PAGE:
This month has been a time for hard work! After illness and injury at the end of 2016, I’d lost a fair bit of fitness so my first few sessions of 2017 were painful to say the least.
- Wheelchair racing
- RDA training
- RDA volunteer work
- New job!
This is important to me as the only activity I can do all by myself – quite apart from the fact that I enjoy racing and the training is really good for keeping my fitness up for horsey sports. However, a month of training alone for all but one session hasn’t made the transition back towards a heavier training schedule any easier. Since our club sessions are held on the track at the moment I have done an awful lot of lonely laps!
Having had a few miserable sessions with pain in my legs and back preventing me from being in the race chair too long, I’ve been spending more time in the gym to build up my fitness. The erg (rowing machine) always gives me a solid workout and allows me to think back to my para-rowing days! It’s also good to get on the weights machines, and I hope to start swimming again soon too.
At the moment my left shoulder is still not up to regaining what little strength it had to begin with. I damaged the acromioclavicular joint in September whilst doing a dodgy dismount in a vaulting session, which was on top of long-term problems with that shoulder. Early attempts to strengthen it were thwarted by a severe limitation to the range of motion and complete inability to move it against even very light pressure. I feel that I’m finally getting back a better range of motion (thanks to lots and lots and lots of physio!) so hopefully soon I can start to think about strengthening it. Even so, it still causes a lot of pain and is very unstable, so I’m not allowed to put any weight to it just yet.
RDA sessions have started back after the Christmas break and I’ve had fun riding Rolo. When we go off individually he’s far better than when we trot as a group, and I’m contemplating trying him at some low-key dressage competitions to see what he’d be like on his own in a competition arena. I’ve also done some more jumping with him with the Cambridgeshire Horsesport Academy. I love these sessions – we’re still working hard to improve technique, but somehow the balance between courage and technical skill seems to align better with my capabilities in jumping than in dressage!
Vaulting has had a very positive start to the year. I’ve ordered my first ever custom-made catsuit for this year’s competitions and I’m very excited to see how that will turn out. I’ve also picked my music for the year, and have almost finalised a freestyle routine. There have been various variations of the routine but I think I’m now in a place where my new freestyle has all the harder elements I wanted to include whilst still being not only manageable but also something that I should be able to pull off well in competition. Since the British Championships my repertoire has expanded enormously in walk, trot and canter. I’m loving the fact that I learn something new and consolidate recently acquired skills every single session. I’m also starting to see improvements in all-round flexibility, strength and co-ordination – which, though small, are so encouraging!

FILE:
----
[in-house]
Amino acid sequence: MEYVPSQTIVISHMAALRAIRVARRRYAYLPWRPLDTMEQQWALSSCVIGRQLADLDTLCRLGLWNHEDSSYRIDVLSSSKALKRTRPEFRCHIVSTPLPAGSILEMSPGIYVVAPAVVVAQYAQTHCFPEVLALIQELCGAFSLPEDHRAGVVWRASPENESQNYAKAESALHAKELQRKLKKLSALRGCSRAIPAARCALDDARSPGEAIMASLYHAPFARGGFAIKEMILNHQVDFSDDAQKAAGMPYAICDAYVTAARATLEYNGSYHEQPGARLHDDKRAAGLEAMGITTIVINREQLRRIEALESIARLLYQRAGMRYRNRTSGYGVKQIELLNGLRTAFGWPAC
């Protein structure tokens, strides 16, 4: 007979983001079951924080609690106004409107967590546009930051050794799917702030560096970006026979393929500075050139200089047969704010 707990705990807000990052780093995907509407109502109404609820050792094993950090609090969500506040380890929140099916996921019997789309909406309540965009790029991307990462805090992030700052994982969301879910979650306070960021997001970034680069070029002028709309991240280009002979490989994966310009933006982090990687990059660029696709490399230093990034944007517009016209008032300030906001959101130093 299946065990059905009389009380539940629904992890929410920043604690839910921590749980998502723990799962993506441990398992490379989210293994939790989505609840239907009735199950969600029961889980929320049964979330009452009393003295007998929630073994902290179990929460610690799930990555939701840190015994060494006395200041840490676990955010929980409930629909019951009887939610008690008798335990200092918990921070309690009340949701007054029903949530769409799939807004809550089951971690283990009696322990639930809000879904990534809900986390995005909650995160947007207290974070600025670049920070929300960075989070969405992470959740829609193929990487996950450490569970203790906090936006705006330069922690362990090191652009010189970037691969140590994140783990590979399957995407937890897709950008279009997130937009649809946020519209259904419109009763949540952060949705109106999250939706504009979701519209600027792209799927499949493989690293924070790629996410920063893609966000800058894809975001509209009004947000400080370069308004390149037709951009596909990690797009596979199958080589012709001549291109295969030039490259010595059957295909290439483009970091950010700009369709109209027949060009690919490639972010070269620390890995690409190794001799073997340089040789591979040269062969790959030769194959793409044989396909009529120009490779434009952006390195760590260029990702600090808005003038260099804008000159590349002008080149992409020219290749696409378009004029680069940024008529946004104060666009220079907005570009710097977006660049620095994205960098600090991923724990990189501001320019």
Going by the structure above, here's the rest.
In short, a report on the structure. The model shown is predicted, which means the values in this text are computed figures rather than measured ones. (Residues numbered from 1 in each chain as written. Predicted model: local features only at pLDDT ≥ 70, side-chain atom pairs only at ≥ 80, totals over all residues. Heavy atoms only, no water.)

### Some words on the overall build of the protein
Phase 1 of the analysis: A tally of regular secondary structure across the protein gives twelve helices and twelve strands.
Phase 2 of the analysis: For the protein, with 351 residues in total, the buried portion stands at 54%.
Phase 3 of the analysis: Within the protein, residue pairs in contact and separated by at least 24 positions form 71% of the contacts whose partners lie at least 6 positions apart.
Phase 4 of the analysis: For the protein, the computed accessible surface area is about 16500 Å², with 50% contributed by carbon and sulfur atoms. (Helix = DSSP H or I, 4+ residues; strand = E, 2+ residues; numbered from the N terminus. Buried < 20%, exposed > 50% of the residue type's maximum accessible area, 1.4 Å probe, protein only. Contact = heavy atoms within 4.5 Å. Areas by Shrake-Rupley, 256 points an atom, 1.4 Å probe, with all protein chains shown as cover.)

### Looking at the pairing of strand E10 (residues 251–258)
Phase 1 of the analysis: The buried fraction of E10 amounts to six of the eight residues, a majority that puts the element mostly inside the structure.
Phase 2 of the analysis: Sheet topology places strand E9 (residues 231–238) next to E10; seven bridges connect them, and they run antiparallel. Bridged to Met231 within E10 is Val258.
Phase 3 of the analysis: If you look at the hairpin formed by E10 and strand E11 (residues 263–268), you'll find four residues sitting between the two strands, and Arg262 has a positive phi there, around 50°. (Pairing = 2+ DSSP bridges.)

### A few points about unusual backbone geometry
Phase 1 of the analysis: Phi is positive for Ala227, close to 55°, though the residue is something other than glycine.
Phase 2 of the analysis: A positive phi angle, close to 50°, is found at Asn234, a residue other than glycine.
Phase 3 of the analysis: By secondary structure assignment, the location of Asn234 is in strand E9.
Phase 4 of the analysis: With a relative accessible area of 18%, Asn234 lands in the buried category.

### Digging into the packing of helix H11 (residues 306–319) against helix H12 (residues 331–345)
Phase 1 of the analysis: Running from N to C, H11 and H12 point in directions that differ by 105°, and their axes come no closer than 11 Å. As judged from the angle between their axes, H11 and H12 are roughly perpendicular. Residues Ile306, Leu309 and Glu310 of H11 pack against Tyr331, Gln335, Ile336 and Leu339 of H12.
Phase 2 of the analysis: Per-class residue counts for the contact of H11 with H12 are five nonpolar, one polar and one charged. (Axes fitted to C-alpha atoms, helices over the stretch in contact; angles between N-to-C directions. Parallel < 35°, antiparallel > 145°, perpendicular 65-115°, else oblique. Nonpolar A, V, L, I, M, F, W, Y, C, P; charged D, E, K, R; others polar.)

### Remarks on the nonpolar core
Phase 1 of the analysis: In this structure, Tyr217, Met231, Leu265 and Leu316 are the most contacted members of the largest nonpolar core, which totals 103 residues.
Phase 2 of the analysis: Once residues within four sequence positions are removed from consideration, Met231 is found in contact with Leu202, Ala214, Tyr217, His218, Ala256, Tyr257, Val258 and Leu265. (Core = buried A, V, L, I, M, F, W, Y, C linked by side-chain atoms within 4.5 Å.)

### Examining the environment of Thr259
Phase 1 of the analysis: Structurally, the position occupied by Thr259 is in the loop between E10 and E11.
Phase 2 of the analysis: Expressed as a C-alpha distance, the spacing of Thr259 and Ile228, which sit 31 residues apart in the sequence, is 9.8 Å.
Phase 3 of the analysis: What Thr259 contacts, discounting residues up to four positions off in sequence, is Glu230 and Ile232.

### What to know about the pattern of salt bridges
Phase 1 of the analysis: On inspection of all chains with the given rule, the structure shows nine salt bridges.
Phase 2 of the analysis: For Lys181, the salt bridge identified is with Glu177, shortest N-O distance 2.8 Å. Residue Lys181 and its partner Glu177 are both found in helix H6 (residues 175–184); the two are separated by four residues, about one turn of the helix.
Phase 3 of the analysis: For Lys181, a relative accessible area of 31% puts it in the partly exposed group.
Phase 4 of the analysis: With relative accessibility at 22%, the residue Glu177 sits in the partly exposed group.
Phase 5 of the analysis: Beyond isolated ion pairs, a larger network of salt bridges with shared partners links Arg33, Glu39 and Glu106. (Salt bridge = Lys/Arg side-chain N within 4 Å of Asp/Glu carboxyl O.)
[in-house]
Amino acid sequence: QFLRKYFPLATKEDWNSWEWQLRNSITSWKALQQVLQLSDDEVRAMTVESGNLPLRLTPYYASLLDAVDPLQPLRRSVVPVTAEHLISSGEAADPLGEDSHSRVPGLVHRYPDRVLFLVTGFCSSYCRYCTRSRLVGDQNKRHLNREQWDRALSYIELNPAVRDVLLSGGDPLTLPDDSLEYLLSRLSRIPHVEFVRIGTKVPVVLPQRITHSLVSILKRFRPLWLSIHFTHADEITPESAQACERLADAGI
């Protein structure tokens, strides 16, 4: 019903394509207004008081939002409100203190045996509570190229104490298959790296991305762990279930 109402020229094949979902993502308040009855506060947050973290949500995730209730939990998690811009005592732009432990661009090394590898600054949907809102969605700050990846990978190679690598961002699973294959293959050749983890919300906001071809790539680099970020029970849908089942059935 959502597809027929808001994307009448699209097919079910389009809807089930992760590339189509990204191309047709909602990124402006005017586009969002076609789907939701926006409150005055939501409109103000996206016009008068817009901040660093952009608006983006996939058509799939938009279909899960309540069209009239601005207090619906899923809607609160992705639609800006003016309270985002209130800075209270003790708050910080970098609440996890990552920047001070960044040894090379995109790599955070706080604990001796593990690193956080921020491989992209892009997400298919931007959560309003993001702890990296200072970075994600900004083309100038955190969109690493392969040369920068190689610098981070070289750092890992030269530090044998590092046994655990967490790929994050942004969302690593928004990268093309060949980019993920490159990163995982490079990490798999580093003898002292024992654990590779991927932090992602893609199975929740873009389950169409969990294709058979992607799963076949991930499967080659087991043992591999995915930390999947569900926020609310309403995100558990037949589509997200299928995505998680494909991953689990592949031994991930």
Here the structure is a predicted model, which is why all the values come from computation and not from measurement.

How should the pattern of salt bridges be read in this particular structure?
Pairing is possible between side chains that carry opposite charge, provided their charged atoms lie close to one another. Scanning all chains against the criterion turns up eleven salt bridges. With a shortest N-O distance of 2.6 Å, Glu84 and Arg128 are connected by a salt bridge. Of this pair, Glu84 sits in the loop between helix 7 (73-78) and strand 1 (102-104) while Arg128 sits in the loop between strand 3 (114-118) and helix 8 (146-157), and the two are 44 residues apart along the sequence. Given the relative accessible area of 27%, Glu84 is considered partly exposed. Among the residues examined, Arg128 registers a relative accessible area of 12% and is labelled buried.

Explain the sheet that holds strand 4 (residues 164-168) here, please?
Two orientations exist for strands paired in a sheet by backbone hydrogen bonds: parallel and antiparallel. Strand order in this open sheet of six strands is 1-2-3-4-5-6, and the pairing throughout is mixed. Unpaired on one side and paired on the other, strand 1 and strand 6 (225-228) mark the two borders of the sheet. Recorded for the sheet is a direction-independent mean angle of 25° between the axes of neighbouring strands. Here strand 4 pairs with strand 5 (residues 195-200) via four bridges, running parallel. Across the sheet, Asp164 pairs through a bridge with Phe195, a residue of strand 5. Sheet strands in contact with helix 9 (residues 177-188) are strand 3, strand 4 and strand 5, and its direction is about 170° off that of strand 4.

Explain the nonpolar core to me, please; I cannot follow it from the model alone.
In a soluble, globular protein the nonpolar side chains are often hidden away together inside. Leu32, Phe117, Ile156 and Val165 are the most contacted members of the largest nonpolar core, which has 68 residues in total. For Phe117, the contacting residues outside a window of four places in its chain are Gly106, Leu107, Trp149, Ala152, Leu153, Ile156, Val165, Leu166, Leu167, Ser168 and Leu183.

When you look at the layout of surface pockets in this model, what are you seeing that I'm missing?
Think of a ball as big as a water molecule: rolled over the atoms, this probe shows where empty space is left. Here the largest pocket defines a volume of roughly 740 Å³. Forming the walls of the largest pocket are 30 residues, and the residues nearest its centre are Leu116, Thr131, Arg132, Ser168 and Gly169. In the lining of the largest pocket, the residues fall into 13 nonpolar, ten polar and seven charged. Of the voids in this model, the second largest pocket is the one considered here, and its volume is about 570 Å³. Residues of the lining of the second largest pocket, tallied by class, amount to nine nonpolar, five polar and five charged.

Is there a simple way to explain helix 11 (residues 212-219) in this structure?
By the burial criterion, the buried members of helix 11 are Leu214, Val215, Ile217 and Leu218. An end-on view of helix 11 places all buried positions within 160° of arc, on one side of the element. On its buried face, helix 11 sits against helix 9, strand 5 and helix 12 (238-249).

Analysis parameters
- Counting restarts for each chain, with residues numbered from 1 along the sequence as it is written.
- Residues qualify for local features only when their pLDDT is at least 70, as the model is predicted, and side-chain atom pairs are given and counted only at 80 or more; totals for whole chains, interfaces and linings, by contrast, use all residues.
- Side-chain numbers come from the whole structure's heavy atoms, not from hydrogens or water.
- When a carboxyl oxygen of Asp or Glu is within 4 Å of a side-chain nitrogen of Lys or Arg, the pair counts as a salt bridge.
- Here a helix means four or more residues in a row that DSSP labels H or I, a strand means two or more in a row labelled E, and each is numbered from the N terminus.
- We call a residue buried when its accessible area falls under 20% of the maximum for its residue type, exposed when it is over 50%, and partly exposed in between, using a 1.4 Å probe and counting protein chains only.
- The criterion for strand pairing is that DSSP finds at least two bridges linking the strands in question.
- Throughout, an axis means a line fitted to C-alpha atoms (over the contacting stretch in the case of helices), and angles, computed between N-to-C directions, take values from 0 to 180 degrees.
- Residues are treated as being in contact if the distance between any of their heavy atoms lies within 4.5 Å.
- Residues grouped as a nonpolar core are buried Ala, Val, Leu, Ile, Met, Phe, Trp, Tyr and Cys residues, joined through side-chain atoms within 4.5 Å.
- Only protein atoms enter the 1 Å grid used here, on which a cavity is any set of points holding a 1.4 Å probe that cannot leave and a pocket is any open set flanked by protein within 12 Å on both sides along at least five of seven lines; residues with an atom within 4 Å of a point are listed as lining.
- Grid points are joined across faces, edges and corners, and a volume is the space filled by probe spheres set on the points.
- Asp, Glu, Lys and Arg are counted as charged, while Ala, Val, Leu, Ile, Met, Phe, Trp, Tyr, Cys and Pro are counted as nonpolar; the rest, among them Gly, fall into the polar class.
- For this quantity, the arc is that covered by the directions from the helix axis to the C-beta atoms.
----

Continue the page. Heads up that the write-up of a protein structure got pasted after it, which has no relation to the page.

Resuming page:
RDA volunteer work
My responsibilities with the RDA have kept me busy too. I’m putting together an e-newsletter for the Eastern region, complete with interviews, features and puzzles (with prizes kindly donated by Cambridge University Riding Club). For vaulting, I’ve put together a PDF of moves for beginners and those wanting to put together their first freestyle routines. The photos and descriptions have been printed off, laminated and put on display in one new RDA vaulting group, and apparently it’s proving very useful so far! I’m also looking forward to welcoming coaches and volunteers from that group to Cambridge for a session at our vaulting club in early February.
Added to all this I’ve just started a new job which – so far – I really enjoy. I feel lucky that I can do a job where I have autonomy and can exercise my own professional judgement. I’m also lucky that it’s a job which should be challenging and rewarding in equal measure. It certainly helps to meet the costs of training, but, more than anything else, it feels so good to have a job at all. Since disability really took hold for me, finding an appropriate job has been incredibly difficult. Regaining employment has been a key goal of mine since summer 2016 – so it’s really exciting to be able to tell the Occupational Therapist that I’ve actually achieved a goal!
Have two! (But you’ll have to click on them to appreciate the grim facial expressions…)